It’s hard to get too excited about Friday while working from home or following the guidelines of physical isolation during the pandemic, but before jumping on a virtual happy hour call, it may be helpful to have some topics ready to steer the conversation away from the only thing anyone is talking about. Of course, we can’t ignore the obvious strains and stresses of the current situation but having other things to discuss can lighten tensions or frustrations and give everyone a much-needed break.
Many people find that if they can share a few things they are grateful for, the mood of a discussion can shift towards something more positive. It’s important to stay informed but spending too much time reading or listening to yet another piece of negative news can be harmful to one’s overall well-being. Everyone has a different tolerance to stress, anxiety and worry and it’s important to engage in activities that provide a break from COVID-19 over-talking.
Try asking friends or family members about what they have been doing during their isolation. Sharing new routines, exercise ideas, good reads or even their favorite Netflix series can be a welcome distraction. Some may be able to show off their new project; a painting, their sewing or knitting or suggest a new recipe that worked out well.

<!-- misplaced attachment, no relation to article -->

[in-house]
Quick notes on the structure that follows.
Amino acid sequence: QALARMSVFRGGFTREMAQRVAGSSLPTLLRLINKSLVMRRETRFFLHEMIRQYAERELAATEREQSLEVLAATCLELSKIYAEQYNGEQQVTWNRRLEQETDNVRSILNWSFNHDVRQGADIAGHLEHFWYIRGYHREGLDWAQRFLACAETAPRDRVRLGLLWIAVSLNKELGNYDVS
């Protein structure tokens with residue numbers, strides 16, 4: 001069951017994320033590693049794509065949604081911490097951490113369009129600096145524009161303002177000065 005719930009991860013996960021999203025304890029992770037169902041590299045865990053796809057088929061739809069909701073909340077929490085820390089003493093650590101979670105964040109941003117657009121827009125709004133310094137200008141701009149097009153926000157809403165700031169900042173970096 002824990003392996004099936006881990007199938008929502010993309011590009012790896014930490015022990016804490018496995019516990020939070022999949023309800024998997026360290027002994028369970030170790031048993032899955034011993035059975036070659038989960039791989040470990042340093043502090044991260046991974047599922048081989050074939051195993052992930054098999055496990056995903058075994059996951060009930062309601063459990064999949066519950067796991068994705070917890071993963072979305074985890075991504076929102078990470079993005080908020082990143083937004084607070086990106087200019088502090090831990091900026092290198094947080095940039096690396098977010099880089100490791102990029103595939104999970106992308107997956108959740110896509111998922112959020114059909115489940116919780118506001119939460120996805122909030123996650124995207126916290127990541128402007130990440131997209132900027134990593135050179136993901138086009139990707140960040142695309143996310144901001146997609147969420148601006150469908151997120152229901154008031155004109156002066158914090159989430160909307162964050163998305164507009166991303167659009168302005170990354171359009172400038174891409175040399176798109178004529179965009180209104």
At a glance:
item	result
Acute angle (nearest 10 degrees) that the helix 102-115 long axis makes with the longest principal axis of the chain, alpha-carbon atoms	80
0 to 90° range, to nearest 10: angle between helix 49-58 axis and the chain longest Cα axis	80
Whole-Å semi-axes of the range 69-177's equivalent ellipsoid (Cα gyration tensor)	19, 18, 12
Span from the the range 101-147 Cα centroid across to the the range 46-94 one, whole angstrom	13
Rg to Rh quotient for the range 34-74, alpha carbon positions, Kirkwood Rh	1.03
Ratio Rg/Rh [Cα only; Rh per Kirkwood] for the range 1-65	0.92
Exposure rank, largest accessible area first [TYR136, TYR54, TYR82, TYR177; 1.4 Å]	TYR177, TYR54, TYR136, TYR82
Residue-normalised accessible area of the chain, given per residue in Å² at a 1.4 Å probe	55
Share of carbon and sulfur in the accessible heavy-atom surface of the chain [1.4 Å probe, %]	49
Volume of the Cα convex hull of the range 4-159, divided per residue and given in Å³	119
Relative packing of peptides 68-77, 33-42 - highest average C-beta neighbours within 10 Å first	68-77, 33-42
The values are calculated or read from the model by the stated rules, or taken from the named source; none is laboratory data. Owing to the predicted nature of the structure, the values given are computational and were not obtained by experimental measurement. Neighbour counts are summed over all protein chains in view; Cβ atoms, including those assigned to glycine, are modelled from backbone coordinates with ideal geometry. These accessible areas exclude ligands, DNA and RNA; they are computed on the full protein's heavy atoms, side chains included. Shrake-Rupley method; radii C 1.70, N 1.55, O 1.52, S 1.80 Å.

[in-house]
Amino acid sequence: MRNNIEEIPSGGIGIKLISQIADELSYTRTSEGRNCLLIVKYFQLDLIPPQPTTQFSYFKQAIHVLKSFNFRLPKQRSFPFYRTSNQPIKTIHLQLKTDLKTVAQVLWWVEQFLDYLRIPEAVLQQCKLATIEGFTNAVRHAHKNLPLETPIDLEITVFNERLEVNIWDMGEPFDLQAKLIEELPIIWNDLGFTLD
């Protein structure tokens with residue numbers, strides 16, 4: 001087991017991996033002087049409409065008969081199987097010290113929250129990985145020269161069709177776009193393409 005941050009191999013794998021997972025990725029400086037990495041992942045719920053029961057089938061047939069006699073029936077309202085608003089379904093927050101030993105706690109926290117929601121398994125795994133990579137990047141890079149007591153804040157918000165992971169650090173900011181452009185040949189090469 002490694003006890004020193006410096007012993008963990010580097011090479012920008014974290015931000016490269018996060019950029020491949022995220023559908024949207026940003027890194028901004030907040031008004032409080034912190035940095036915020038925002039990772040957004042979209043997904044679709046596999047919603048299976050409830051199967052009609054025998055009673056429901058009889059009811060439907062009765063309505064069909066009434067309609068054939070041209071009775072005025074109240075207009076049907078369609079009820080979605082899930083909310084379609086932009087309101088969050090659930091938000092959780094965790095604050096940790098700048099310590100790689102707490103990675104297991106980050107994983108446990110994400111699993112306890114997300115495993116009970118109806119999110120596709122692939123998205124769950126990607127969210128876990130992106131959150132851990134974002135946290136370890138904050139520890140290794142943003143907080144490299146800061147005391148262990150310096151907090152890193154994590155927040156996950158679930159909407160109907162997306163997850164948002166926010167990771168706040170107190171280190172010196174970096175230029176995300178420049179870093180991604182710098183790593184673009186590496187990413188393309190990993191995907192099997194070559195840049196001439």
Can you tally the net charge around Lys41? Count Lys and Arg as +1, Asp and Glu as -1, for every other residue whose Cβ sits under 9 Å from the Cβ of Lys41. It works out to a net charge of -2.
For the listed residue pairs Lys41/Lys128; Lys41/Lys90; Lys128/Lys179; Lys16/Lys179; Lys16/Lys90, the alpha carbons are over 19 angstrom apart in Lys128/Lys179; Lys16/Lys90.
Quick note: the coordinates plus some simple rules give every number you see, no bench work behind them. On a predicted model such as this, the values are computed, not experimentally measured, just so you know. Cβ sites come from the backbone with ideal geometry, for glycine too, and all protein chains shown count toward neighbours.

Having an optimistic outlook can be as contagious as negativity and people can help one another through this difficult time by sharing some of their positive experiences in quarantine. But if going online to meet virtually with friends feels like a burden or a drain, it’s ok to politely decline an invitation. Practicing self-care also includes recognizing what serves you best and while joining a group of friends online may seem like fun to some, others are happier having a phone conversation with just one close chum.
Using this time at home to try something new can be surprisingly fulfilling as well as a good distraction from virus numbers and politics. If ever there was a time to stretch yourself a bit and learn what you might be capable of doing, this is that time. Learn more about ways to take care of yourself, cope with stress and help others by following this link to the Centers for Disease Control and Prevention. Or visit Psychology Today for more tips to manage COVID-19 stress here.